Christopher DeMuth had an intriguing essay in the November 25 copy of the Wall Street Journal. He writes:
A central purpose of the American scheme of checks and balances is to draw out the distinctive strengths of the two political branches, executive and the legislature, while containing their distinctive weaknesses.
The scheme has not been working well of late. The consequences are unbridled executive growth into every cranny of commerce and society, and a bystander Congress. We have lapsed into autopilot government, rife with corruption and seemingly immune to incremental electoral correction.
These pathologies were a significant cause of the Trumpian political earthquake. And one of the many astonishing results of Donald Trump’s presidential campaign and the Republican sweep on Election Day is that they have set the stage for a constitutional revival.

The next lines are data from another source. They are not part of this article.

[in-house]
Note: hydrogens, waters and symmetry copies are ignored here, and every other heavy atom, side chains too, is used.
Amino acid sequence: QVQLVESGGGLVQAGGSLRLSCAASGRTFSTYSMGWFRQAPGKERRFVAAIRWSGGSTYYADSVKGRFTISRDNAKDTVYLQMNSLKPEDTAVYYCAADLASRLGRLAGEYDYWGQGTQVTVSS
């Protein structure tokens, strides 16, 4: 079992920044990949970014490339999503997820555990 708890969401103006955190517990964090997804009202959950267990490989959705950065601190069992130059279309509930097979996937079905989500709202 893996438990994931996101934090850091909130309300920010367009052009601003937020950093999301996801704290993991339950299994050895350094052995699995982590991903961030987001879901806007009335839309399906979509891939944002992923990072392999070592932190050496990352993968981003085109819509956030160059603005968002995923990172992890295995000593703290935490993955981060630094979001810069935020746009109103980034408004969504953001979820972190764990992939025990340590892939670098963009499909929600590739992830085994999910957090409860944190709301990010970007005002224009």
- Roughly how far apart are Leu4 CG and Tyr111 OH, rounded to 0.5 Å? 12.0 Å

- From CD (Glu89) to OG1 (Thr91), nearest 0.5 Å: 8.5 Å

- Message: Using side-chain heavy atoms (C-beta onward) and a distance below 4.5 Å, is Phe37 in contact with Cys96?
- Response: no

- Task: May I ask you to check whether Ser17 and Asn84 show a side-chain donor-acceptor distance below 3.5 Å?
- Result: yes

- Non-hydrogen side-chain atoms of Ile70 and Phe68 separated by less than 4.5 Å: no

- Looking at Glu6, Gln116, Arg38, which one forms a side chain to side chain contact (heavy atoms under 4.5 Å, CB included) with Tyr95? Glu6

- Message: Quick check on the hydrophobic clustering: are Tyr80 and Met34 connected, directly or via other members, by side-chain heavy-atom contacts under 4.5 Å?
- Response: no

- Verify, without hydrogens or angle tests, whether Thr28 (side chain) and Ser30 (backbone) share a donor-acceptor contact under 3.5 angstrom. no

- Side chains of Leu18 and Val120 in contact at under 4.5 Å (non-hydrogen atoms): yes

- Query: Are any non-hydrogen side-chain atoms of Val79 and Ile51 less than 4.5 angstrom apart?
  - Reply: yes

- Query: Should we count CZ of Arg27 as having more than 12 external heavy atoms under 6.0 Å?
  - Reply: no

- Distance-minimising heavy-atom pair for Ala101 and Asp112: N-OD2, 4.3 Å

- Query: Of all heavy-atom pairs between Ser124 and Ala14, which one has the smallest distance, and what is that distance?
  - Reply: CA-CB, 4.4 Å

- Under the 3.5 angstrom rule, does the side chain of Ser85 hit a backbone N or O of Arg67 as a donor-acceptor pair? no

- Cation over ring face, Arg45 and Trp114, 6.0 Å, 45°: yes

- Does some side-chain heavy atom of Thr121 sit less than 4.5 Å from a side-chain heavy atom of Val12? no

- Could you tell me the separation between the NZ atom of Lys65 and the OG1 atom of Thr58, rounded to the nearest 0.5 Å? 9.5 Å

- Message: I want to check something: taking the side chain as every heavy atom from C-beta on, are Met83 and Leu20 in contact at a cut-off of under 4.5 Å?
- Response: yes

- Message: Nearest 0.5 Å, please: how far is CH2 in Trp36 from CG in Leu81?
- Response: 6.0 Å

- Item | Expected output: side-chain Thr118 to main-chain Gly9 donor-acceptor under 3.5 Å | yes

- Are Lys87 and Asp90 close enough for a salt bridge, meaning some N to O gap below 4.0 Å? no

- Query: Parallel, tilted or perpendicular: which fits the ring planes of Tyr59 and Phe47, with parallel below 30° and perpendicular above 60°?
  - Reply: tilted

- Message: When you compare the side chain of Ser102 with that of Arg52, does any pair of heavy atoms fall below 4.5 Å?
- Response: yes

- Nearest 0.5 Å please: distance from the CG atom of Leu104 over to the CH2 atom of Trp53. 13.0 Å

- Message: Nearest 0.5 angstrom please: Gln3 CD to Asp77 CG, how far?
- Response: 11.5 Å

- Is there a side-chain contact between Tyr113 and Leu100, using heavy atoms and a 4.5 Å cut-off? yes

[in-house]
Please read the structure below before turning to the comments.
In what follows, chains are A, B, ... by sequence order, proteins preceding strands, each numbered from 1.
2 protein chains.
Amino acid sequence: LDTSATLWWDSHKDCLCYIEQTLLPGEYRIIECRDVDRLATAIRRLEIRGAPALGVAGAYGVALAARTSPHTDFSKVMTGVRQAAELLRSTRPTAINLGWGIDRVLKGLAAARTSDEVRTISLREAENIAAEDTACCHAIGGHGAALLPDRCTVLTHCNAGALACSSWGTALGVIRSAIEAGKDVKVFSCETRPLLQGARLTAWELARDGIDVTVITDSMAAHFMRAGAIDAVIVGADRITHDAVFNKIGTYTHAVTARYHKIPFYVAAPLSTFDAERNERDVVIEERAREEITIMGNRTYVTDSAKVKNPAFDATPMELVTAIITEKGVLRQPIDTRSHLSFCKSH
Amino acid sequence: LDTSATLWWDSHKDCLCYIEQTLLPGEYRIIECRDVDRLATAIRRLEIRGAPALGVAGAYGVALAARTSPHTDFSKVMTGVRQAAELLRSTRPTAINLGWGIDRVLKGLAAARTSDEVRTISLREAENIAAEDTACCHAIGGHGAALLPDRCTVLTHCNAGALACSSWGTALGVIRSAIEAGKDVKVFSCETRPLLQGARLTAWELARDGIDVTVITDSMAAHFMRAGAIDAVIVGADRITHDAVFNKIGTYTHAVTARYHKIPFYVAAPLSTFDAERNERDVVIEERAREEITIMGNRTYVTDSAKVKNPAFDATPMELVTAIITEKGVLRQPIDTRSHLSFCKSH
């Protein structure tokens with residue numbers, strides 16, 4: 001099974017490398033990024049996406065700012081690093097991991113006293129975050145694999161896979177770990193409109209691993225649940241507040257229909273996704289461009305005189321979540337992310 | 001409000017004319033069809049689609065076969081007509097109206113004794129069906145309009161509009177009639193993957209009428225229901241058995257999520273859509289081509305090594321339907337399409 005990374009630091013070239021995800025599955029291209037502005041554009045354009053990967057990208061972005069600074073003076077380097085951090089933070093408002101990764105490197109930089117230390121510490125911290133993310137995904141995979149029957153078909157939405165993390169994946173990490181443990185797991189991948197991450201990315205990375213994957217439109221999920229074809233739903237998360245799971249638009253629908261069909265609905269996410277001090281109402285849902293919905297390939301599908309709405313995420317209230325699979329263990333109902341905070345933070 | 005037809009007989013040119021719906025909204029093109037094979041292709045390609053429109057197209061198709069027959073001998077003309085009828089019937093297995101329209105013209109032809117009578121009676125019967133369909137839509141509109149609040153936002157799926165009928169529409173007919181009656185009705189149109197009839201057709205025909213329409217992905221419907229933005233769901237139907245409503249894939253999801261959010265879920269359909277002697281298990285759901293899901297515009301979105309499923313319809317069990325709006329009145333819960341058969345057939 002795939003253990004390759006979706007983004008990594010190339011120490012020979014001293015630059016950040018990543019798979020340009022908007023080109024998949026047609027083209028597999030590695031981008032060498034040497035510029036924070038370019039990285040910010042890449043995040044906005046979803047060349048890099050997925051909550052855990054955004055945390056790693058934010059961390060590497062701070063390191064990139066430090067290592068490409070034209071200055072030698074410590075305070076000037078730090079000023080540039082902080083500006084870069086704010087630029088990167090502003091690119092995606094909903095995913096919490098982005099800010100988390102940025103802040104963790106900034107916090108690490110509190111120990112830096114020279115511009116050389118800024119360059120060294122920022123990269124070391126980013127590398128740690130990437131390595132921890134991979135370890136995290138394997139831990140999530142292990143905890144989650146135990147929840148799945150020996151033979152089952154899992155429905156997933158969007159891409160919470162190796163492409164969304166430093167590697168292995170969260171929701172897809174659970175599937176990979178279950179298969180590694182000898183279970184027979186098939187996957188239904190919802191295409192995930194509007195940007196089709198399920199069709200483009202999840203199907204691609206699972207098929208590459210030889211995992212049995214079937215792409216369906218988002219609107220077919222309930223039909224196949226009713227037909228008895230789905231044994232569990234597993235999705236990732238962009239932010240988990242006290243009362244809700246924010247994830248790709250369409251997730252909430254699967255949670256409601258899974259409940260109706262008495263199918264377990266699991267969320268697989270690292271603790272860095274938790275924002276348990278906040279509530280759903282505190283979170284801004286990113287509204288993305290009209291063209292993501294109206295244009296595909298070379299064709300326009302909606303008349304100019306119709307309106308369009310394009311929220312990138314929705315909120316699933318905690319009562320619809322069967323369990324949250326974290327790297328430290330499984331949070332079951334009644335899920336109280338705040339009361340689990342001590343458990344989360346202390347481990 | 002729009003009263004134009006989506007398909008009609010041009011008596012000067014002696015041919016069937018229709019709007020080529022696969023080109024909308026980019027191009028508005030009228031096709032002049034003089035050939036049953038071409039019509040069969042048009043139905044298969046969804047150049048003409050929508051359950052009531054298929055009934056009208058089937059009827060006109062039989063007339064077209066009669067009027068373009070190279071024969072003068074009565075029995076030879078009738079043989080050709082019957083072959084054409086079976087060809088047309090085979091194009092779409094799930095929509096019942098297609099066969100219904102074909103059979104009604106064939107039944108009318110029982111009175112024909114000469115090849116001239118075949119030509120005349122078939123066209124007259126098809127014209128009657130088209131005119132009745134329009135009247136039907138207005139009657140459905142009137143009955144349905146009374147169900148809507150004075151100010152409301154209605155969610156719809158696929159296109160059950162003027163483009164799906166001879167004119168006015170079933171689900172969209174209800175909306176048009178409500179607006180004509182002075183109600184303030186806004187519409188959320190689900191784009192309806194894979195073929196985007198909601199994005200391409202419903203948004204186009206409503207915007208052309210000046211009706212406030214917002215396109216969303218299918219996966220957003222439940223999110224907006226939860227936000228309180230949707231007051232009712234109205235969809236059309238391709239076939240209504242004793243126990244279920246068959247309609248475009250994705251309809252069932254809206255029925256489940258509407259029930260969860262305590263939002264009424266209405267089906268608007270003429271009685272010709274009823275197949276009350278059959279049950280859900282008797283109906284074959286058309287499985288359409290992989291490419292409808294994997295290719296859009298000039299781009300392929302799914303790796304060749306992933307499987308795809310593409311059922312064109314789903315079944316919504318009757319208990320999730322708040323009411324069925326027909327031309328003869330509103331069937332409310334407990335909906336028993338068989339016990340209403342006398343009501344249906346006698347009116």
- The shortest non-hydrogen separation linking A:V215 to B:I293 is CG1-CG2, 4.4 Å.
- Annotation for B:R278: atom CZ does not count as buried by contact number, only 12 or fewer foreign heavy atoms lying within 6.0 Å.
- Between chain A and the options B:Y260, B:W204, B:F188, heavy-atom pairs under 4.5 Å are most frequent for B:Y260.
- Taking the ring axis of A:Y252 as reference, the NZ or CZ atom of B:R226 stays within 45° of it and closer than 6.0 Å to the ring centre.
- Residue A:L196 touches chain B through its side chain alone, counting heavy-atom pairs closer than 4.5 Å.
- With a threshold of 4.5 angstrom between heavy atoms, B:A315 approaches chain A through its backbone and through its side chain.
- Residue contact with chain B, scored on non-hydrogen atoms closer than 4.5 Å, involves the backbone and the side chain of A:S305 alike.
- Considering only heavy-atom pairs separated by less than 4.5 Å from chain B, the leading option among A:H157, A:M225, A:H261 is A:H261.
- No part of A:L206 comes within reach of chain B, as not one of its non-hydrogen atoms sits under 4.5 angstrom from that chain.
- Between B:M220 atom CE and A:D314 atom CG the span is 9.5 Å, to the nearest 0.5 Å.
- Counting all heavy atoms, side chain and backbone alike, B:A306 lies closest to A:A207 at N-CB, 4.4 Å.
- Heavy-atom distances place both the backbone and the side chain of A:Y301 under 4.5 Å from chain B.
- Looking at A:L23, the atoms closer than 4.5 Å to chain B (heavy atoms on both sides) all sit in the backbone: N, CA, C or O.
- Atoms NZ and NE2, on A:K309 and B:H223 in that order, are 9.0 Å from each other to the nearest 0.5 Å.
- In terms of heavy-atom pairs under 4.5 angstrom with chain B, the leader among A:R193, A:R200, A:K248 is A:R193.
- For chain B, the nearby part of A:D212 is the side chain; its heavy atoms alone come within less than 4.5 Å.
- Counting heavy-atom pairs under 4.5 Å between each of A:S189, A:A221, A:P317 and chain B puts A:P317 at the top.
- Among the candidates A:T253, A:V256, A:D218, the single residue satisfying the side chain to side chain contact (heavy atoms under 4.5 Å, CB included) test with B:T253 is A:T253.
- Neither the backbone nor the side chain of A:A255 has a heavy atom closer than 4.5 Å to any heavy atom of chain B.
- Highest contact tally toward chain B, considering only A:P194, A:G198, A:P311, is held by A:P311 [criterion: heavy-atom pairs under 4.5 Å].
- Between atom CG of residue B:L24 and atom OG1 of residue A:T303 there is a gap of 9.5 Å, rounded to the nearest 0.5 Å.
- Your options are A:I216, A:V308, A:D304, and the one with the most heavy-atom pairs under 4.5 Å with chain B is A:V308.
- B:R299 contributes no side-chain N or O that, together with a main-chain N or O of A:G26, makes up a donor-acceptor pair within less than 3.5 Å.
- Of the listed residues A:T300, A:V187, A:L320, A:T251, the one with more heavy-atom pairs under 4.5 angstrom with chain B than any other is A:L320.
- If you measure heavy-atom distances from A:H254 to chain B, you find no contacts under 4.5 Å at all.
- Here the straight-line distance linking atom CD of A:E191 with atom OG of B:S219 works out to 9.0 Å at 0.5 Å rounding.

No, not by President Trump’s nominating and the Senate’s confirming Scalia-worthy constitutionalists to the Supreme Court and lower federal courts. That prospect was widely understood and apparently on the minds of many voters. Rather, the new president and Congress are poised to revive constitutional practices in their own branches.
You may read more at http://www.wsj.com/articles/a-trump-ryan-constitutional-revival-1480111914
For another take on the possible Trump effect on Congress, see Kevin R. Kosar, "Could Trump Work With Congress? Could Congress Work With Trump" Newsweek, March 2, 2016.